William Zinsser. Godine, $29.95 (272p) ISBN 1-56792-147-7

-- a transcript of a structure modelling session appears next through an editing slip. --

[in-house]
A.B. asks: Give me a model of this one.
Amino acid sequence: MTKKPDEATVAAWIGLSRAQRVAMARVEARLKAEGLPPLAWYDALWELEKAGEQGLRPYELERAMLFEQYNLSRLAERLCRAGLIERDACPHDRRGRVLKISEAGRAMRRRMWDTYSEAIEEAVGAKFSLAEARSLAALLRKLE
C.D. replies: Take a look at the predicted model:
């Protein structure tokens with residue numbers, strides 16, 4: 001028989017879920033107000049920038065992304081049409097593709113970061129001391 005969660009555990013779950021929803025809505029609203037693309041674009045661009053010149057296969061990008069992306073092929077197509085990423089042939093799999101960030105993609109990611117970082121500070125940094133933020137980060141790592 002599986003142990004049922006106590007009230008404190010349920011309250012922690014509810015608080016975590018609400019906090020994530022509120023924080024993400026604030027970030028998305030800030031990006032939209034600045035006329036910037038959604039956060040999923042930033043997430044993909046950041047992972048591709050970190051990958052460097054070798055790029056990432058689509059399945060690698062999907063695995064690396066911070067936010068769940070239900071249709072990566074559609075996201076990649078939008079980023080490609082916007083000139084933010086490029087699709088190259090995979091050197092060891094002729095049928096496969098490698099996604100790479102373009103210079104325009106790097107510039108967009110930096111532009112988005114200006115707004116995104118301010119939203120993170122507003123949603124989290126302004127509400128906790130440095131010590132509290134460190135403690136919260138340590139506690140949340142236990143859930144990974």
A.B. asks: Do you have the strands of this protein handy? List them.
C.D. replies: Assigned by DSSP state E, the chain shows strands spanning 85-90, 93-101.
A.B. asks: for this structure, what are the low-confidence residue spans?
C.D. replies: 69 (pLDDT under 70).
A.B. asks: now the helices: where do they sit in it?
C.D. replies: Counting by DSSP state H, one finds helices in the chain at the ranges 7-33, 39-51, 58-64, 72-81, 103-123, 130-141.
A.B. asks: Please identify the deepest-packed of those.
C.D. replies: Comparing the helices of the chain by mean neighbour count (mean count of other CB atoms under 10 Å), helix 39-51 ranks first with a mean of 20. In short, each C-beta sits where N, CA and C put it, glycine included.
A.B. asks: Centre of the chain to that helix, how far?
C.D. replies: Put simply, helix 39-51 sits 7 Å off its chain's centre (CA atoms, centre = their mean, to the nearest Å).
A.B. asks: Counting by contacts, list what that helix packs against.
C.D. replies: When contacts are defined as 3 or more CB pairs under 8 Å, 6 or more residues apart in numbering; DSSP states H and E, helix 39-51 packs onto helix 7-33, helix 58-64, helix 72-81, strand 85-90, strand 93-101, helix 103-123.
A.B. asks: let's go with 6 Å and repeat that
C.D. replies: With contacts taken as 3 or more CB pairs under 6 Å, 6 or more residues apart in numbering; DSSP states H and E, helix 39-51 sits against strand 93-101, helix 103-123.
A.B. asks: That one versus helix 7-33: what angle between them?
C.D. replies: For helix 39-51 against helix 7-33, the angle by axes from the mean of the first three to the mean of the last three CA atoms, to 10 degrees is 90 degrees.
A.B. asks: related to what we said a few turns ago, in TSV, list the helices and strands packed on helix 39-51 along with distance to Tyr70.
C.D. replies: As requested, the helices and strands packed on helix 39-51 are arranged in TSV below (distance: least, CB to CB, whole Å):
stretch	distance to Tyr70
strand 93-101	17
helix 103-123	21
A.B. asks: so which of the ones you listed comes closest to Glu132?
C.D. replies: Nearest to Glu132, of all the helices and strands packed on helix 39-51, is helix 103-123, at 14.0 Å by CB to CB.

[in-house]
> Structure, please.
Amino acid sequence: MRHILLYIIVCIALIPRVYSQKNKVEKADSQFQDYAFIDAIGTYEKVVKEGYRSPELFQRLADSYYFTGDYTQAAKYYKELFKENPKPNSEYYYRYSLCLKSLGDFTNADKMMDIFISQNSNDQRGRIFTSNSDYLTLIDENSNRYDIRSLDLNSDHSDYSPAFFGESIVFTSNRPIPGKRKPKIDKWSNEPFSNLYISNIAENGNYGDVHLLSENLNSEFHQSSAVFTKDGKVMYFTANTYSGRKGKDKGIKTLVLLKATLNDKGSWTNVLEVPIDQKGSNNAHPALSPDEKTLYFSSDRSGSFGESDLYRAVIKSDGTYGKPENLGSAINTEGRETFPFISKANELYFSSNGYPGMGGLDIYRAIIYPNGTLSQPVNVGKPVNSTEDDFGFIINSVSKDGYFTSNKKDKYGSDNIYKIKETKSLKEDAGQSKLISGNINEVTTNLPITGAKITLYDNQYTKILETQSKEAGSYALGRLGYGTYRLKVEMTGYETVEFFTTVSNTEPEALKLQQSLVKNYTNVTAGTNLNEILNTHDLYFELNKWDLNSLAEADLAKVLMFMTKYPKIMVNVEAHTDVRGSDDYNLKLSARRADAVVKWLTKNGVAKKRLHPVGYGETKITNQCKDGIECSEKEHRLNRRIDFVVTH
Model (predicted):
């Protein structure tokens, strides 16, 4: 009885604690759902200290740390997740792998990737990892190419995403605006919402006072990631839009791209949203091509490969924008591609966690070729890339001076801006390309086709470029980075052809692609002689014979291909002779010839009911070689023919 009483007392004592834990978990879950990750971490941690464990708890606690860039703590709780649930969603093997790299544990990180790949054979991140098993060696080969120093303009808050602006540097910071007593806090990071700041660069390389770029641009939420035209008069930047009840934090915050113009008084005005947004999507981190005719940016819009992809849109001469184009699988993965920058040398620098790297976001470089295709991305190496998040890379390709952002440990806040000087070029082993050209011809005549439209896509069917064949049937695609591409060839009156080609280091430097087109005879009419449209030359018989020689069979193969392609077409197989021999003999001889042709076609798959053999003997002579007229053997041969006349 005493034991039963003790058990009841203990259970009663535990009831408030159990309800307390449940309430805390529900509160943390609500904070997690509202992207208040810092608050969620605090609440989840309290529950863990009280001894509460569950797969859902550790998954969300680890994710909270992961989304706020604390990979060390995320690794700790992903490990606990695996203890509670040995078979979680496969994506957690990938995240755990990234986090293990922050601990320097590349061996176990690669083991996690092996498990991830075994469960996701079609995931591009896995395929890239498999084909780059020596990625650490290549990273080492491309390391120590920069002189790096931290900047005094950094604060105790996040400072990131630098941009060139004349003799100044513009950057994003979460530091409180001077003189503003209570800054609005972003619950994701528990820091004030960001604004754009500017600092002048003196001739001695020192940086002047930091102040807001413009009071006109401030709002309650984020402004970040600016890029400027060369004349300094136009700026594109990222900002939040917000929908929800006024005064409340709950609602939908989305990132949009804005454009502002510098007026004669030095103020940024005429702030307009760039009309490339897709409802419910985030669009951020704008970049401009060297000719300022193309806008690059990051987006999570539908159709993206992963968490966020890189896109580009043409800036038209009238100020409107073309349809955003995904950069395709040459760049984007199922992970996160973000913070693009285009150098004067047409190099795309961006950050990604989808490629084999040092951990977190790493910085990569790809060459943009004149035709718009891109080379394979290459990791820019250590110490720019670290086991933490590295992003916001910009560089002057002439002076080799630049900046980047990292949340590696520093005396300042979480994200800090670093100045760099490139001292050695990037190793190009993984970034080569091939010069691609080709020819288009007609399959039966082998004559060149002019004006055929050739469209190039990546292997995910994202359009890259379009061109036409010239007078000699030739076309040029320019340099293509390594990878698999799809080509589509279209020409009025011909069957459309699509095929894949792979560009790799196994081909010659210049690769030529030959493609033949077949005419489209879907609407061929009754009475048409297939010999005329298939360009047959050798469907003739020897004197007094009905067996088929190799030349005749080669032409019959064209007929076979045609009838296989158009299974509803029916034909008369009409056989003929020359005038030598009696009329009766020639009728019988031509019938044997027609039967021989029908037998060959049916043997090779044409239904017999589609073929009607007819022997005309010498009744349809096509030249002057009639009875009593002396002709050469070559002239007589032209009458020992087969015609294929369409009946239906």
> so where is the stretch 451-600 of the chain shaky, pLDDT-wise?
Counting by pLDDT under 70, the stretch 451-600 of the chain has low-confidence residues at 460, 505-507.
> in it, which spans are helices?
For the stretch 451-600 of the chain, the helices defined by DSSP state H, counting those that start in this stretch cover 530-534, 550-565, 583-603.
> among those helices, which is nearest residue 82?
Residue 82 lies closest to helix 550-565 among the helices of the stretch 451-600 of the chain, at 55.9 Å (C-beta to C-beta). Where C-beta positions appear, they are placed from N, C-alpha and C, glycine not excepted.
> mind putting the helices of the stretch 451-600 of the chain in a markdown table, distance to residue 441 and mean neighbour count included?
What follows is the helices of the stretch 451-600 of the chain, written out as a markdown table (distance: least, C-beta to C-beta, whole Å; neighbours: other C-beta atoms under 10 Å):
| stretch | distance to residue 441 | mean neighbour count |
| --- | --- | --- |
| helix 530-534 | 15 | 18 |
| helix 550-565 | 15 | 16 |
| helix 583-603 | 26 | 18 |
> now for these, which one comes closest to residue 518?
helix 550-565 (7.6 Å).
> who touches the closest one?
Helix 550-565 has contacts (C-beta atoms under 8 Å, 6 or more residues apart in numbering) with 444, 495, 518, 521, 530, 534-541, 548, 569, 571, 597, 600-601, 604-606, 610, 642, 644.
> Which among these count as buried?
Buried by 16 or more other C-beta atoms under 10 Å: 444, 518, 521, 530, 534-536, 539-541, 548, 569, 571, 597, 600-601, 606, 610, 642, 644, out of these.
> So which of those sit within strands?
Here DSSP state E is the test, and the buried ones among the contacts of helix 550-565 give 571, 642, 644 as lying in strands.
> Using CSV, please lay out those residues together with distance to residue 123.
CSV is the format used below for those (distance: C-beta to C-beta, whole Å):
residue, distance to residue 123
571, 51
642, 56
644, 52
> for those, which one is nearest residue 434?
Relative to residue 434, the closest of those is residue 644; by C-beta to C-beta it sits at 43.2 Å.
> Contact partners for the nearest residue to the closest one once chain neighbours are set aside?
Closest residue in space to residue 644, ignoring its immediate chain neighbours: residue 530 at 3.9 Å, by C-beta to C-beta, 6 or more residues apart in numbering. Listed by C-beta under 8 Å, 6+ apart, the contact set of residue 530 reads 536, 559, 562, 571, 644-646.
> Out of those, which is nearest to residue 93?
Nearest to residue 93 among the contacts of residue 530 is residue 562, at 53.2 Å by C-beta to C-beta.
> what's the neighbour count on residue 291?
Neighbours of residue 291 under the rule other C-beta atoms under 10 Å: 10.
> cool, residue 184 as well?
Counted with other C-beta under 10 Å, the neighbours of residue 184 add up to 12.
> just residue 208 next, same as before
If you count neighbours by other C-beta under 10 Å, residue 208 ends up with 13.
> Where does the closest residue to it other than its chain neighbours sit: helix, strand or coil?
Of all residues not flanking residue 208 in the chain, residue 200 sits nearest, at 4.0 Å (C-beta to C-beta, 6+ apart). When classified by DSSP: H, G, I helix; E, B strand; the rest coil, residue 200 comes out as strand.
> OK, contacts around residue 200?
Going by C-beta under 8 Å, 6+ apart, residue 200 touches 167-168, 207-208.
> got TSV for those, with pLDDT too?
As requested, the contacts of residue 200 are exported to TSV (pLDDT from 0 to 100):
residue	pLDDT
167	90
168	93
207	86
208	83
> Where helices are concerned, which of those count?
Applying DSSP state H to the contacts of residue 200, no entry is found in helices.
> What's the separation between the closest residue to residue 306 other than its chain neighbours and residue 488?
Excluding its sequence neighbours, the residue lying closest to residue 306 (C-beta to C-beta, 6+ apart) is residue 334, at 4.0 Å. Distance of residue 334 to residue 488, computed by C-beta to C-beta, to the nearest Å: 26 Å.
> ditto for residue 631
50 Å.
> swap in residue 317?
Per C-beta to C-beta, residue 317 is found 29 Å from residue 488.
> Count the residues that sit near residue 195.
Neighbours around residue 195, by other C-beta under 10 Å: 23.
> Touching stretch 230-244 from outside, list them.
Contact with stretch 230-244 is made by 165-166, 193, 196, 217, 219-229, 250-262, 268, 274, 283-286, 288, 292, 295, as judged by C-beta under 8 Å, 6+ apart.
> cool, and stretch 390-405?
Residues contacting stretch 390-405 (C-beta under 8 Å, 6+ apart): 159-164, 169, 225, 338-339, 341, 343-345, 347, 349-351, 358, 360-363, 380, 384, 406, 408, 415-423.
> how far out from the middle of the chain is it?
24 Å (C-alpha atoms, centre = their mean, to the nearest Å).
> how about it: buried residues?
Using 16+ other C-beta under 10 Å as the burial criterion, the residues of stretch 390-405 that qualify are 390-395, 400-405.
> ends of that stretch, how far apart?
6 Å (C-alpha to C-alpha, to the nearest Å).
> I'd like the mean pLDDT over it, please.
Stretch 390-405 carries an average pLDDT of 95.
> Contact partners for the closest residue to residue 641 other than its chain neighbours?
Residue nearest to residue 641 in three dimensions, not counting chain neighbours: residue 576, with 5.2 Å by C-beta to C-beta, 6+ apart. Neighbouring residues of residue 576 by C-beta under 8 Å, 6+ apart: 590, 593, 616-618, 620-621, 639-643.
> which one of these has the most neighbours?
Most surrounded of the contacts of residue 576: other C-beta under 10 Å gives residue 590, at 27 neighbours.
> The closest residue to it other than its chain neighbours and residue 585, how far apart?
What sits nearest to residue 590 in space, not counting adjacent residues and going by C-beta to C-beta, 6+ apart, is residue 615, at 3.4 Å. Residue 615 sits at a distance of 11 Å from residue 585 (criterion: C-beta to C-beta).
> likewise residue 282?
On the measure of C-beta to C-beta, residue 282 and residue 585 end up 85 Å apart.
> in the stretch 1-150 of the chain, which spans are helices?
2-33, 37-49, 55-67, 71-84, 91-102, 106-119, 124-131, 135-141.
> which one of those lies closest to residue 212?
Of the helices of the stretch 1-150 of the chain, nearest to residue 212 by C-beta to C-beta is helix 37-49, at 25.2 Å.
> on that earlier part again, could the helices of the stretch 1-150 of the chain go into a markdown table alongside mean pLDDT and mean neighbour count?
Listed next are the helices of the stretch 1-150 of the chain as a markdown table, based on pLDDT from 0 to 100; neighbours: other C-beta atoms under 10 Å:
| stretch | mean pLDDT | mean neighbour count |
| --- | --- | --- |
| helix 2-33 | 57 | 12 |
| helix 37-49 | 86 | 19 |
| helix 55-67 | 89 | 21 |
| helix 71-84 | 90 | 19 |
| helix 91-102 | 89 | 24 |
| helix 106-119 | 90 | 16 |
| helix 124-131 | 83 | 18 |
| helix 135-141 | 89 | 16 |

Zinsser's enthusiasm for his subject emanates from the pages of this study of "the golden age of American popular song," framed by "the musical Show Boat in 1927... until the rise of rock in the mid-1960s." "My book doesn't claim to be definitive," writes Zinsser, theater and movie critic for The New York Herald Tribune during the '50s, professional piano player and author of 16 books, including On Writing Well and Mitchell & Ruff; "it's just one man's tour of his collection, as idiosyncratic as another man's collection of stamps or coins or butterflies." Zinsser uses the biographies of major songwriting talents as centerpieces for his in-depth portrayal of the days when "every home seemed to have a piano and at least one member of the family who could play it." He includes chapters on sheet music, songs from WWII and the direct impact that vocalists, Hollywood stars (Fred Astaire) and movies (The Wizard of Oz) had on popular composers. Moving from the "agreeable world" of Hoagy Carmichael to "hit machines" like Harry Warren, to the ambitious works of Gershwin, Zinsser demonstrates their centrality in the sphere of American music. He discusses not only harmony, intervals and syncopation, but he also includes the humble stories of talents who strove for, stumbled upon or seized prominence. Despite Zinsser's personal enthusiasm, the work never veers into sentimentality. "My book is a celebration, not a funeral, and one of the miracles I'm celebrating is how powerfully the songs have become lodged in the nation's collective memory," Zinsser explains. His effort is worthy of his ambition. B & w photographs and illustrations. (Jan.)